Wednesday, November 22, 2006

Slow Storm: A Turkey of a Travel Day


Cold rain. Rain from a slowly moving strong storm off the Carolina coast arrived in the Washington metro area about 6 hours ahead of when it was "progged" by yesterday's models, throwing an extra spin into what is already a traditionally challenging travel day. The good news is that the earlier arrival implies an earlier departure as well, and a high pressure ridge building into the region afterward promises the reward of a much nicer weekend. (For the weekend details as well as the Travelcast, scroll on down to Dan's post below.)

Besides being driven by a northerly wind gusting over 25 mph at times, the rain is accompanied this afternoon by temperatures in the upper 30s after morning highs in the low to mid 40s. Radar late this afternoon showed a sharp cutoff of the precipitation to the northwest with the western edge from a little west of I-81 in VA to near Harpers Ferry WV and York PA. The heaviest rain was in a band from just north of Richmond northeastward across southern MD and into southern DE.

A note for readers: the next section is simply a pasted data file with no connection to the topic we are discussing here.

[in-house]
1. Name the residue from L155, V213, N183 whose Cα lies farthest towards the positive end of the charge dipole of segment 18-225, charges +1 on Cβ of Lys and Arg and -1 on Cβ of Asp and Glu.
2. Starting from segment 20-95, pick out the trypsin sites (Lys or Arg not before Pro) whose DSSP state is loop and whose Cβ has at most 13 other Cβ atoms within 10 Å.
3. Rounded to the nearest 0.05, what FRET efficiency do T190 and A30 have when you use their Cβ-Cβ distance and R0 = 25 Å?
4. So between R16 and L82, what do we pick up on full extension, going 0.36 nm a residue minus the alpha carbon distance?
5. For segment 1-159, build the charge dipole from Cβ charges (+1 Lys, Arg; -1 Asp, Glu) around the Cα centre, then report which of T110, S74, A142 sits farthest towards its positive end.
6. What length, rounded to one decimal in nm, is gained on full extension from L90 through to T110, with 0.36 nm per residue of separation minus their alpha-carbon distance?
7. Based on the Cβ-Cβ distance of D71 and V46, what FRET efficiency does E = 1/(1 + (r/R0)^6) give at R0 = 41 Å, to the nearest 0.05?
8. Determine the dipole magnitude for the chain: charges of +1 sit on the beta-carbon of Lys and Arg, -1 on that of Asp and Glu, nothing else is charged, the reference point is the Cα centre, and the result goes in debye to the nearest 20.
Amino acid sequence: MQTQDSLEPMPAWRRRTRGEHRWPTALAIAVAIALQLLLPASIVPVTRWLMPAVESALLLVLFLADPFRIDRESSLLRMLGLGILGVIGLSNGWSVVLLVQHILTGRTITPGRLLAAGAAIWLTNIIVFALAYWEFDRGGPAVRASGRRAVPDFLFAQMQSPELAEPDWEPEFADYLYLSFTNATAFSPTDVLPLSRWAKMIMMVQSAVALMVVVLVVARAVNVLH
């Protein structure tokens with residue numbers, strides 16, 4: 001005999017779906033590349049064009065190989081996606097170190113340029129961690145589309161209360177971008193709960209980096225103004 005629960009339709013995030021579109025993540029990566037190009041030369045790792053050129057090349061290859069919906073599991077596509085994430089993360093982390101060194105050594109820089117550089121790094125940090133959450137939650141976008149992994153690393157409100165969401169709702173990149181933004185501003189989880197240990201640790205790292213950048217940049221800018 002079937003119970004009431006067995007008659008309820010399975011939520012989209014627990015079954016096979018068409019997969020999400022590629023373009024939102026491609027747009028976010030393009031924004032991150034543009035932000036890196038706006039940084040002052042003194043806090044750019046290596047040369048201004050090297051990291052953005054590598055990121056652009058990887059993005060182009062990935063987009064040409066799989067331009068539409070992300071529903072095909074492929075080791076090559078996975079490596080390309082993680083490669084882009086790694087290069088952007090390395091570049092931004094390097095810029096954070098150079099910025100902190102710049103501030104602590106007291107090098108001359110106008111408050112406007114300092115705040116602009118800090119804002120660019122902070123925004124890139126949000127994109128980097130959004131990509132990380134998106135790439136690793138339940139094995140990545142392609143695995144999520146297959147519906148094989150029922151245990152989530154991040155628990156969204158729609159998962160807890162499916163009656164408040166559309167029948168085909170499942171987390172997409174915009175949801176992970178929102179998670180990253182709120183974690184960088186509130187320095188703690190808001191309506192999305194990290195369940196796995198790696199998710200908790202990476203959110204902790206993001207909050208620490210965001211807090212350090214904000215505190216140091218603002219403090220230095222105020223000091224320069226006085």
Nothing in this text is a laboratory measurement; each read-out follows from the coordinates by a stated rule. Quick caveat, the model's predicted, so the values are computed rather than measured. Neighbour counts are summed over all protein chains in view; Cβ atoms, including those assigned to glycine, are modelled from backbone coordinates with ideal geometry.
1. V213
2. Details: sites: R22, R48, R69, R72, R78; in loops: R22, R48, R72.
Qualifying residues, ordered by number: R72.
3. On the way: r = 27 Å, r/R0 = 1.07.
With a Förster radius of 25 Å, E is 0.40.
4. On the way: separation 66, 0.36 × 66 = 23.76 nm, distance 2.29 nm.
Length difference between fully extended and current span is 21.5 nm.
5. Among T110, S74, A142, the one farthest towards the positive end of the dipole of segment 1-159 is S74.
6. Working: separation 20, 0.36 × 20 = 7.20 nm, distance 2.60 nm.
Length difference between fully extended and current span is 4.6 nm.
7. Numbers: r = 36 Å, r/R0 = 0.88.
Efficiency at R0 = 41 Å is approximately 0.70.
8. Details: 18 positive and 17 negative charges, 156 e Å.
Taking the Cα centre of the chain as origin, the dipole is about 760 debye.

Pictured: Beach scene yesterday at Kill Devil Hills, NC, where winds gusted to 59 mph, from the Virginian Pilot. Alligator River, NC, had a gust to 82 mph. Storm total rainfall amounts on the Outer Banks were over 6" at Hatteras and Ocracoke (6.92") with considerable flooding.

Tonight and Tomorrow

Rain, possibly heavy, then ending. Rain tonight may be heavy at times, especially to the southeast of DC. Lows will be in the upper 30s to near 40°. Rain should taper to showers tomorrow morning, ending around noon with highs in the upper 40s.

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